Maybe it’s just me.
Maybe it’s just a lifetime of talking to people like John McDonnell and hearing talk about how “another world is possible”.
Maybe that’s what makes me an optimist, maybe that’s why I can think of better ways to do things than the ones we have right now.
Maybe it’s why I want to see the game here reformed.
Maybe it’s just me.
But see, I know it isn’t just me.
What was it that John Lennon said? “You may say I’m a dreamer, but I’m not the only one.”
I know dozens of other bloggers and prominent fans from across the game who all see that things as they stand are just plain wrong and they didn’t have to be this way.
They love their clubs, and Scottish football as a whole.
And they know that it can be different, just as the reformers in politics – those who chaffed about the so-called “centrist agenda” and longed for something more radical – know that the public sphere can be different as well.
Dreamers, yes, but they are the kind of people who have been driving our world forward for as far back as they keep records.
But as in politics, so too in football are those who cannot see past what they are used to.
I have long lamented the media their inability to see beyond the two club duopoly; this mind-set played a key role in the events of 2012, and this “too big to fail” narrative that surrounded the Ibrox club. Look at the damage that idea did … and ponder the damage it would have done had it fans stood back and allowed it to become the driving force behind what happened.
This morning’s article from Gordon Parks, where he hailed the two club axis and attempted to suggest that it was responsible for the European results in midweek – an argument so specious I am not even going to debate it – was a case in point.
It was a hymn to the “Old Firm”, a rivalry that no longer exists and one that was toxic, and dangerous, to the game.
The media’s celebration of what they see as the duopoly is hardly surprising, but I would prefer to mourn the utter waste of the last seven years, when Aberdeen, Hearts or Hibs could have stepped up their game and become the second club in Scotland.
At Pittodrie they certainly had a chance to do it.
Now, if you listen to them, they’ve accepted their third place status and have given up believing that they can be anything more. All the clubs have. It’s like a meek, almost craven, surrender to King and his Ibrox board and their willingness to do so when the club over there is so obviously built on sand is incredible.
If these clubs had implemented financial fair play it would all still be there to play for; whatever the reluctance is to do this, I stopped trying to understand it ages ago.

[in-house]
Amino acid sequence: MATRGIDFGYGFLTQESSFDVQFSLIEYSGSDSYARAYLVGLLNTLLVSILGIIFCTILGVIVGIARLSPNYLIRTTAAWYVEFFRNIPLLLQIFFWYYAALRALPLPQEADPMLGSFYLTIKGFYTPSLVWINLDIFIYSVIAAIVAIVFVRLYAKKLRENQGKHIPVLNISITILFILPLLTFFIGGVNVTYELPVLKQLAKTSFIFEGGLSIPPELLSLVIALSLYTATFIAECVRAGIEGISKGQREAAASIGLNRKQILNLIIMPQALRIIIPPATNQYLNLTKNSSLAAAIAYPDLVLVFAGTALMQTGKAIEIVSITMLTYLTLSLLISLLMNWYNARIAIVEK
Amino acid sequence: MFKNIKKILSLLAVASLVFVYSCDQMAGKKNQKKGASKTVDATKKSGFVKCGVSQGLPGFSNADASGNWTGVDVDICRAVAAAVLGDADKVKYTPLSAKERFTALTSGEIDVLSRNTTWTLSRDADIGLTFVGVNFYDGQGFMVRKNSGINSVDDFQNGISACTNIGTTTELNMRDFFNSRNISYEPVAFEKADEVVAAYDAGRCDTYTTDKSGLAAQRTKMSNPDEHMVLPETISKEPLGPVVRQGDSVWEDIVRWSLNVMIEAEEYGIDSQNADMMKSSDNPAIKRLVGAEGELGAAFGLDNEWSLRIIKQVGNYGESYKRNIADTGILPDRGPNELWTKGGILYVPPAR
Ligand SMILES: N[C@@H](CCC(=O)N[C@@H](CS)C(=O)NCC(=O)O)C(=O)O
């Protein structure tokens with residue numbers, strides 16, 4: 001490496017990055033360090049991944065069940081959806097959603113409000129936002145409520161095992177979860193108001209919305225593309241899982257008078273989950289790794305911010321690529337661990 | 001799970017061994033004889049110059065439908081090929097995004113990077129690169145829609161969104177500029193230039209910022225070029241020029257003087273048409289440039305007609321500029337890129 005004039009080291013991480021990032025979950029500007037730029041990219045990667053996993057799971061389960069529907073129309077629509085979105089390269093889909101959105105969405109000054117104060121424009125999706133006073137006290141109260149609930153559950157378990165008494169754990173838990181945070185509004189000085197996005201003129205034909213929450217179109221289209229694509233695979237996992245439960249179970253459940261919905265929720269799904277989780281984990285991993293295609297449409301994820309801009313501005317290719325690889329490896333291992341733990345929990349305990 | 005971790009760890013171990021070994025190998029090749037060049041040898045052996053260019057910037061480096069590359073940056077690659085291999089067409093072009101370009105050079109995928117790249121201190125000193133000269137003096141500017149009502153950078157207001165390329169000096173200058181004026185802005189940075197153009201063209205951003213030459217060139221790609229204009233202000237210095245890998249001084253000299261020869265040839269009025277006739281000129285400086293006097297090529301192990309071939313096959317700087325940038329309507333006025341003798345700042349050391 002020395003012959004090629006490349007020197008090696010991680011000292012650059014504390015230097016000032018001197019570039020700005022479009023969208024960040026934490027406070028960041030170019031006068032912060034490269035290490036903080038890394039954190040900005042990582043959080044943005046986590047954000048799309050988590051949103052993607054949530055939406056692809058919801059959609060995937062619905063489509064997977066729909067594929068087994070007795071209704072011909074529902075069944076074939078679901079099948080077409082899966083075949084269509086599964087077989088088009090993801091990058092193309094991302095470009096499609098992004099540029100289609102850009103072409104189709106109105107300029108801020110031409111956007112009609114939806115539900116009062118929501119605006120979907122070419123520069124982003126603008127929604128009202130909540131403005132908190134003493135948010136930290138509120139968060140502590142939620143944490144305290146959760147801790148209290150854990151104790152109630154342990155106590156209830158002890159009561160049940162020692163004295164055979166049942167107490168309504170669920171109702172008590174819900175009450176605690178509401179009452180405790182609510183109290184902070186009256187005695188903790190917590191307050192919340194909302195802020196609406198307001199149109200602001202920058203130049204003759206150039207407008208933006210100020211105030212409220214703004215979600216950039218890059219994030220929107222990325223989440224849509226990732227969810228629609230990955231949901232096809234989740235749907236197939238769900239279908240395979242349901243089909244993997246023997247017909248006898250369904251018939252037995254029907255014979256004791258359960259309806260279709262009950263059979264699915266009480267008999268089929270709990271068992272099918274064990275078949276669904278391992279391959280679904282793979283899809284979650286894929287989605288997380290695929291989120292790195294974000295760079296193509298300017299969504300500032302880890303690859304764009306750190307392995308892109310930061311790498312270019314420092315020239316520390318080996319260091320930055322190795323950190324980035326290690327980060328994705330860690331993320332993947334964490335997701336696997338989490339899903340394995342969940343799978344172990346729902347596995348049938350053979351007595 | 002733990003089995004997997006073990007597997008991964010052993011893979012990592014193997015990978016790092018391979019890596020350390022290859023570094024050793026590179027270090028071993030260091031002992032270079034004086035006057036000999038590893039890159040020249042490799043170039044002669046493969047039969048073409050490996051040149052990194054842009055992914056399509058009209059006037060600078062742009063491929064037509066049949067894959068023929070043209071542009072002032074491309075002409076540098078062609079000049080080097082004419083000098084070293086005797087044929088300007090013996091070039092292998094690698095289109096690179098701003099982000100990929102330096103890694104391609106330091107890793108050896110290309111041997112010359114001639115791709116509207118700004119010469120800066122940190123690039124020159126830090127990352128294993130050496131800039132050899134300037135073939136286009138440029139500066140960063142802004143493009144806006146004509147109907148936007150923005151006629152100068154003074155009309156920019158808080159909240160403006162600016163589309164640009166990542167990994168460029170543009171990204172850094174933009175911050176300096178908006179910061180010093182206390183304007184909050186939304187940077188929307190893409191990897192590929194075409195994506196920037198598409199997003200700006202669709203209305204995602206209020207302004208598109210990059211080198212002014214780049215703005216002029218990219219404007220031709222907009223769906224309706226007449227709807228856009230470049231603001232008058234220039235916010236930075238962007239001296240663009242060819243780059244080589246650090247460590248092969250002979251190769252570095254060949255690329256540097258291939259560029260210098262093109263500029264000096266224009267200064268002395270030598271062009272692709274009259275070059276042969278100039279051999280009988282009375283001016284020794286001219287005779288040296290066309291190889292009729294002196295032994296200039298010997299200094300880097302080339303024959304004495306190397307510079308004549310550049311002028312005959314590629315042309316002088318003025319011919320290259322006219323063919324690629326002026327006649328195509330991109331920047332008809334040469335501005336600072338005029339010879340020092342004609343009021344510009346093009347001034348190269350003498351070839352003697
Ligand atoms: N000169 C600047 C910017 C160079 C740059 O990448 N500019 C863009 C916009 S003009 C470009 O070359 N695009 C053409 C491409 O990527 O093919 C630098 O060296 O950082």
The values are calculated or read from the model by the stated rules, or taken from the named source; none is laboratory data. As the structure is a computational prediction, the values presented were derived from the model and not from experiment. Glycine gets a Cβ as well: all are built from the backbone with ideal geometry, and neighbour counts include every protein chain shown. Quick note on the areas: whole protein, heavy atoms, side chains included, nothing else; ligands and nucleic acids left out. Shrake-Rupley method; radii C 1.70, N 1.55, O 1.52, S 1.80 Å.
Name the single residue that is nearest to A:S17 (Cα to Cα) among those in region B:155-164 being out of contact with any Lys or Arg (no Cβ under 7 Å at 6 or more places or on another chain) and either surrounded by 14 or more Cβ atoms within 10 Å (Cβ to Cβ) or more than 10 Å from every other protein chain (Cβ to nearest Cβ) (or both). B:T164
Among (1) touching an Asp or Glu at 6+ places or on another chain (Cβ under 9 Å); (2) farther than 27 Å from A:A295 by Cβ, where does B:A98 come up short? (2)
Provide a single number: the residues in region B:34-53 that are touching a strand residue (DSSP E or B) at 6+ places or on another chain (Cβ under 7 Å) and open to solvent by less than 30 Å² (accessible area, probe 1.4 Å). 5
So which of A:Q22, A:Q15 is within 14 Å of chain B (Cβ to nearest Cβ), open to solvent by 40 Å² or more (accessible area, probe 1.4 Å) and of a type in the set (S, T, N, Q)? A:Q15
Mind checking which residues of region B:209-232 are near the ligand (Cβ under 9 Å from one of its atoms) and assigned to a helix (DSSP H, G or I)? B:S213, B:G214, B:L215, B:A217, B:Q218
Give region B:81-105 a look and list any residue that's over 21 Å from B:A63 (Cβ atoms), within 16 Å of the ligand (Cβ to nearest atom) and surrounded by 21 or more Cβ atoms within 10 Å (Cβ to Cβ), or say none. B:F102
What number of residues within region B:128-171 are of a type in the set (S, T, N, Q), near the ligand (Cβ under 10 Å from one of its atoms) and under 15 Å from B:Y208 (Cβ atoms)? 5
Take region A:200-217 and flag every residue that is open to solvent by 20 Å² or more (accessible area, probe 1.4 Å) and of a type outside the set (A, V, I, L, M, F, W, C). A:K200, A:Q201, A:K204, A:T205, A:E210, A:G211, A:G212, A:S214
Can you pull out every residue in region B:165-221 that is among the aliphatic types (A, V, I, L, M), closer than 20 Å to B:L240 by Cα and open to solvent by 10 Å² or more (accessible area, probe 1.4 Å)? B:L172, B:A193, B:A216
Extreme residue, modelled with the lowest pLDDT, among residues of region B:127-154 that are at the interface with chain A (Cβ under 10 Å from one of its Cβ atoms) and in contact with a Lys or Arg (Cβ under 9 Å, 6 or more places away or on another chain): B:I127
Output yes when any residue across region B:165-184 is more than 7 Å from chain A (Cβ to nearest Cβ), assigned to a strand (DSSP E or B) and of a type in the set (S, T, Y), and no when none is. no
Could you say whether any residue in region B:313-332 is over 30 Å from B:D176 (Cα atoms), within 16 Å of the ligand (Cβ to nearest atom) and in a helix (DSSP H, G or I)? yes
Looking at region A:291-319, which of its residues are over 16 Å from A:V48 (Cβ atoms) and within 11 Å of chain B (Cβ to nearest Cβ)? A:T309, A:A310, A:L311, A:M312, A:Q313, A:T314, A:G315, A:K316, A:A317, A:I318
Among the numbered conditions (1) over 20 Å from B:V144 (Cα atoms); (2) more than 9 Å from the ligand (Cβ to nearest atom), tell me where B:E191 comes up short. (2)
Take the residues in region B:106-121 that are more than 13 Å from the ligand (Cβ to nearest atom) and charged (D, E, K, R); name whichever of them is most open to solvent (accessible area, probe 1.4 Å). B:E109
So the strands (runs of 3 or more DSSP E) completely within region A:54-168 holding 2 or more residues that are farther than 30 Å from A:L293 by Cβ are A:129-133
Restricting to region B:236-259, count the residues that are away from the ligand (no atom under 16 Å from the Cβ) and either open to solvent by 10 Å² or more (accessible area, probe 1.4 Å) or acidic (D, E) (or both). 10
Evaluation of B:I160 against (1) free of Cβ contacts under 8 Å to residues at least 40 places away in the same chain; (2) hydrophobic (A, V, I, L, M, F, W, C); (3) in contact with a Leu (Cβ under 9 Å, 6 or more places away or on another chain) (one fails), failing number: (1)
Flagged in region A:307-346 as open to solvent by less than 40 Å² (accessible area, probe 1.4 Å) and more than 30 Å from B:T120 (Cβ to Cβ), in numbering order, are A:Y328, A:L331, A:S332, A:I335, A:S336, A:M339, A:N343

Now instead of fighting for their positions in the game, these teams roll over.
The duopoly was dangerous to the game here.
It was corrosive.
It was destructive.
Those who think Celtic fans don’t want it to return because we enjoy too much being top dogs haven’t been paying attention in class these last three years.
Sevco is in the SPL and since they’ve been there we have won every domestic trophy available to us.
We are the biggest club in this country by miles, and we could not care less who is second. We do care, however, if someone’s trying to rig it.
We care if somebody is trying to catch us using the same tainted and corrupt means that were previously employed at Ibrox.
And that’s where Parks’ article drifts from being something that’s merely depressing into something that’s flagrantly insulting.
All of it ignores the glaring fact that this Ibrox club is being run in exactly the same reckless and unsustainable fashion as the last one.
It ignores the grotesque risk that poses to the stability of the game.
Do you believe that the so-called "Old Firm" duopoly was good or bad for Scottish football?
Sevco is built on sand.
That club is going to collapse because it will not accept that the days of clubs at Ibrox buying success are over.
And it is over, no matter what they may have convinced themselves.
The simple truth is that if Scottish clubs do not pass FFP guidelines Sevco will eventually be caught by those at UEFA, and they will be required to break even.
When that happens we’ll see how strong they really are, if they don’t collapse first.
Hell mend a lot of people in our game if that happens – and it’s certain unless they severely curtail their spending and start living like other clubs do.
Our media has already embraced this insanity … but then they never fully let go of the last insanity, did they?
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